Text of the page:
I recently had the pleasure of meeting with Shon Hong of Microsoft Learning, who has the (to me) fascinating job of hunting down cheaters. Let me explain:
Microsoft exams are the basis for the entire Microsoft Certified Professional (MCP) program. The exams you pass earn you credentials and credibility. Unfortunately because of the format the exams currently take there are several methods of cheating that have become prevalent. Simply put cheating diminishes the value of the program and of certifications in general. Anyone who has passed an exam knows how much work went into doing so, and probably walks out of the exam centre a little taller than when they walked in. When I present my credentials I do so with pride at having achieved them.
So what about someone who cheats to earn those same credentials? Do they walk as tall? Stand as proud as I do? Probably not, but that is irrelevant. The really important point is how others – potential clients, employers, and peers – see you. Imagine you hire someone who has a certification that is important to you. This credential theoretically translates into the knowledge you require for the position filled. Subsequent to being hired you realize that the candidate does not have the understanding of the technology that the credential implies. You may fire that employee; you may also lose a little respect for that certification, and then the next time a candidate submits their resume with the requisite certifications you are weary and hesitant.
Without certification integrity it is impossible to really trust certifications. Should you have to test all of your potential employees or consultants? Though some degree of testing or confirmation of knowledge may be a good idea, in theory a Microsoft Certified Systems Administrator has already passed at least four tests written by people who know the technology better than you do.
There are a number of methods of cheating on certification exams; however it must be made clear that before you sit down at the exam workstation and again before you begin the test you are agreeing to a set of rules that includes that you will not cheat on the exam. In short you are not allowed to – during the exam or any time prior to it – use any tool, method, or aid that can give you an unfair advantage on an exam. An exam is meant to be you and your knowledge, which can be based on studying or experience, but it cannot (for example) be based on a prior knowledge of the questions to be asked.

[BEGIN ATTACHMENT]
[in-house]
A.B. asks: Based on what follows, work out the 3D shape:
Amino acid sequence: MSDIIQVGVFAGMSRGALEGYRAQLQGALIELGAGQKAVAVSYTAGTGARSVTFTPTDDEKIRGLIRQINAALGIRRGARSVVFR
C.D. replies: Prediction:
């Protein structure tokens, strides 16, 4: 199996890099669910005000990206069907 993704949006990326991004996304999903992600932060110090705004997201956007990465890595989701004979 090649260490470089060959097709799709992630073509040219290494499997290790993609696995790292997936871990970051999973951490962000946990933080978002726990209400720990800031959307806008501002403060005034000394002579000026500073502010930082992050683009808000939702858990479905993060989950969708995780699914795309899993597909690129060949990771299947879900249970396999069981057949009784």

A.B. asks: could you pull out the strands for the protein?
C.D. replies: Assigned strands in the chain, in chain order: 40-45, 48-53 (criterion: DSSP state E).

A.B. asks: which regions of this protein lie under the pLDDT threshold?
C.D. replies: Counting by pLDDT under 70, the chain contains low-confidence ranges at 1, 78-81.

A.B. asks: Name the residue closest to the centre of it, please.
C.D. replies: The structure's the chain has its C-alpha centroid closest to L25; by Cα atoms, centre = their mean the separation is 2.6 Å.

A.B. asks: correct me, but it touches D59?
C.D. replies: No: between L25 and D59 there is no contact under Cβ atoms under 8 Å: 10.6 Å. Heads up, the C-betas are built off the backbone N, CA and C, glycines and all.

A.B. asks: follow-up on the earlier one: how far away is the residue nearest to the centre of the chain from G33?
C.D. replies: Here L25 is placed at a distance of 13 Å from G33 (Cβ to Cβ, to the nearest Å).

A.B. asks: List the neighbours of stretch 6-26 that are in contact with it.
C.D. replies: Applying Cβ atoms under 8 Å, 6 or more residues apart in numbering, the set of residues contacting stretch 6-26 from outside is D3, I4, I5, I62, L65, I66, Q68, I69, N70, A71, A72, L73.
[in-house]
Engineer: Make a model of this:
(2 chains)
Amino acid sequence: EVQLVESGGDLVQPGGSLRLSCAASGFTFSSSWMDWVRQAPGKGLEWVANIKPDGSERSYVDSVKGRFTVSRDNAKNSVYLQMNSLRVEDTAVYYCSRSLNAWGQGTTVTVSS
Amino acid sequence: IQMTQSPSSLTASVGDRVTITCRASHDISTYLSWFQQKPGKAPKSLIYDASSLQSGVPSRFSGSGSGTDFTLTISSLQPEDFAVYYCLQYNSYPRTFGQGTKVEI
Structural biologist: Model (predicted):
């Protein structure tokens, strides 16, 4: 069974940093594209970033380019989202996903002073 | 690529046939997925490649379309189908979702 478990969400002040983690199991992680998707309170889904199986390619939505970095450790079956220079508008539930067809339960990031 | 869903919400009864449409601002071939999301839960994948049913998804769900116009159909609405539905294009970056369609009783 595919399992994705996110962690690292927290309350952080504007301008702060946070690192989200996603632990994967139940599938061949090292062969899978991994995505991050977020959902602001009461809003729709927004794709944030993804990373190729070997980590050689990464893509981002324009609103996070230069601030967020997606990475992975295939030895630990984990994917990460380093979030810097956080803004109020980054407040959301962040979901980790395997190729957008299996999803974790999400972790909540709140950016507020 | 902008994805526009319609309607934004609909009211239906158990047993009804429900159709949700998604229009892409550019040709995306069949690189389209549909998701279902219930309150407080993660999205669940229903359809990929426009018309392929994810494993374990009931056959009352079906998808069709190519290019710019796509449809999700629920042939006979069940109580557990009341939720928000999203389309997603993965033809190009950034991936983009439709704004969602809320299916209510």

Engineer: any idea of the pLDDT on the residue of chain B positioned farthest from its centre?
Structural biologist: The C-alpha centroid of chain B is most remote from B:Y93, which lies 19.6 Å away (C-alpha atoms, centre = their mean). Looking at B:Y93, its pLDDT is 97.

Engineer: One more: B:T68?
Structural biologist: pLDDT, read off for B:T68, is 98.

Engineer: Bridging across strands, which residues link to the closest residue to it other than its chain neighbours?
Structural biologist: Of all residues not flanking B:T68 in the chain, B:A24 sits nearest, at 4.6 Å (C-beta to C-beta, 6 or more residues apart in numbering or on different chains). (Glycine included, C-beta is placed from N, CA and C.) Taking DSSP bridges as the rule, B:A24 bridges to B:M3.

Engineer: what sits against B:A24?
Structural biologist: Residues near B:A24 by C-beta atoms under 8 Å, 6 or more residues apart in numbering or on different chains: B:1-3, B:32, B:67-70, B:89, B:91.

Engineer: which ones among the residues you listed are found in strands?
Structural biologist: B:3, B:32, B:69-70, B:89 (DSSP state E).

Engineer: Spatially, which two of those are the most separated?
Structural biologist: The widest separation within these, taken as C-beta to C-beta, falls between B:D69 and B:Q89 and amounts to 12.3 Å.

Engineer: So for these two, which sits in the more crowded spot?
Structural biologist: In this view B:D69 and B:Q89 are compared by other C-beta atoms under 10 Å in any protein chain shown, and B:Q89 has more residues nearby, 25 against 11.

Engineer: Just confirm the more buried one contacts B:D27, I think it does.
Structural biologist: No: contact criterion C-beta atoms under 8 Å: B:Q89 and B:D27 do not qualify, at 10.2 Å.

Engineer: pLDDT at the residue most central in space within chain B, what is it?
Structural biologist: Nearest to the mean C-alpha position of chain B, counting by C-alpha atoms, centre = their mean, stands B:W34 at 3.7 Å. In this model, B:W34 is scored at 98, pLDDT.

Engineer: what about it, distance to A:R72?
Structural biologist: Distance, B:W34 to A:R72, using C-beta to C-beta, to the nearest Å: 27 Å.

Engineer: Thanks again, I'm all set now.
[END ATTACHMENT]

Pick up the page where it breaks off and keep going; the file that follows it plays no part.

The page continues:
So what are the consequences of cheating? There are a number of them:
- You will never be able to respect yourself for having passed the test. That is to say that even if the screen says PASS you will live with the shame of knowing that you did not earn it; and
- You run the risk of being caught. If you get caught, whether it be on your first or your fiftieth exam, you will be stripped of your certifications – all of them. No exceptions. You are an MCSE and you get caught cheating on a MCDST exam? The math is simple: You lose your MCSE. Maybe you are an MCSE, MCSA, MCDST, MCDBA, and MCAD and you get caught cheating on a MCTS exam? You are stripped of all of your certifications.
Now here’s the rub: If you do get caught and you are stripped of your certifications, you are banned from ever taking another exam again. Forever. Your credentials and credibility shatter like glass, impossible to recover.
Is this all theoretical? Not at all. Since January of this year Microsoft Learning has stripped nearly one hundred cheaters of their certifications. Where are they? In China and the United States; Canada and Russia; Argentina and England. They are everywhere, and Microsoft – with Shon and his team – are relentless in hunting these people down. Why? So that when I sign my name and put that list of certs it means something – to me, and to the people who see them.
I should also give mention to some community members who do not work for Microsoft, but are a part of how Microsoft fights cheaters. www.Certguard.com is run by a colleague who has never taken a certification exam, and yet he not only hunts down cheaters, but makes the information available to testing centres and Microsoft alike. You can also find discussion forums to ask your questions in case you come across a dubious offer that may be too good to be true.
What does this mean to you and me? Take the time to study your material, and fly right. You’ll pass if you know the material. If you don’t? You will have learned a bit more about what you do not know.
Thanks Shon, thanks Certguard; Best of luck to all legitimate test takers, and down with the cheaters and those who help them!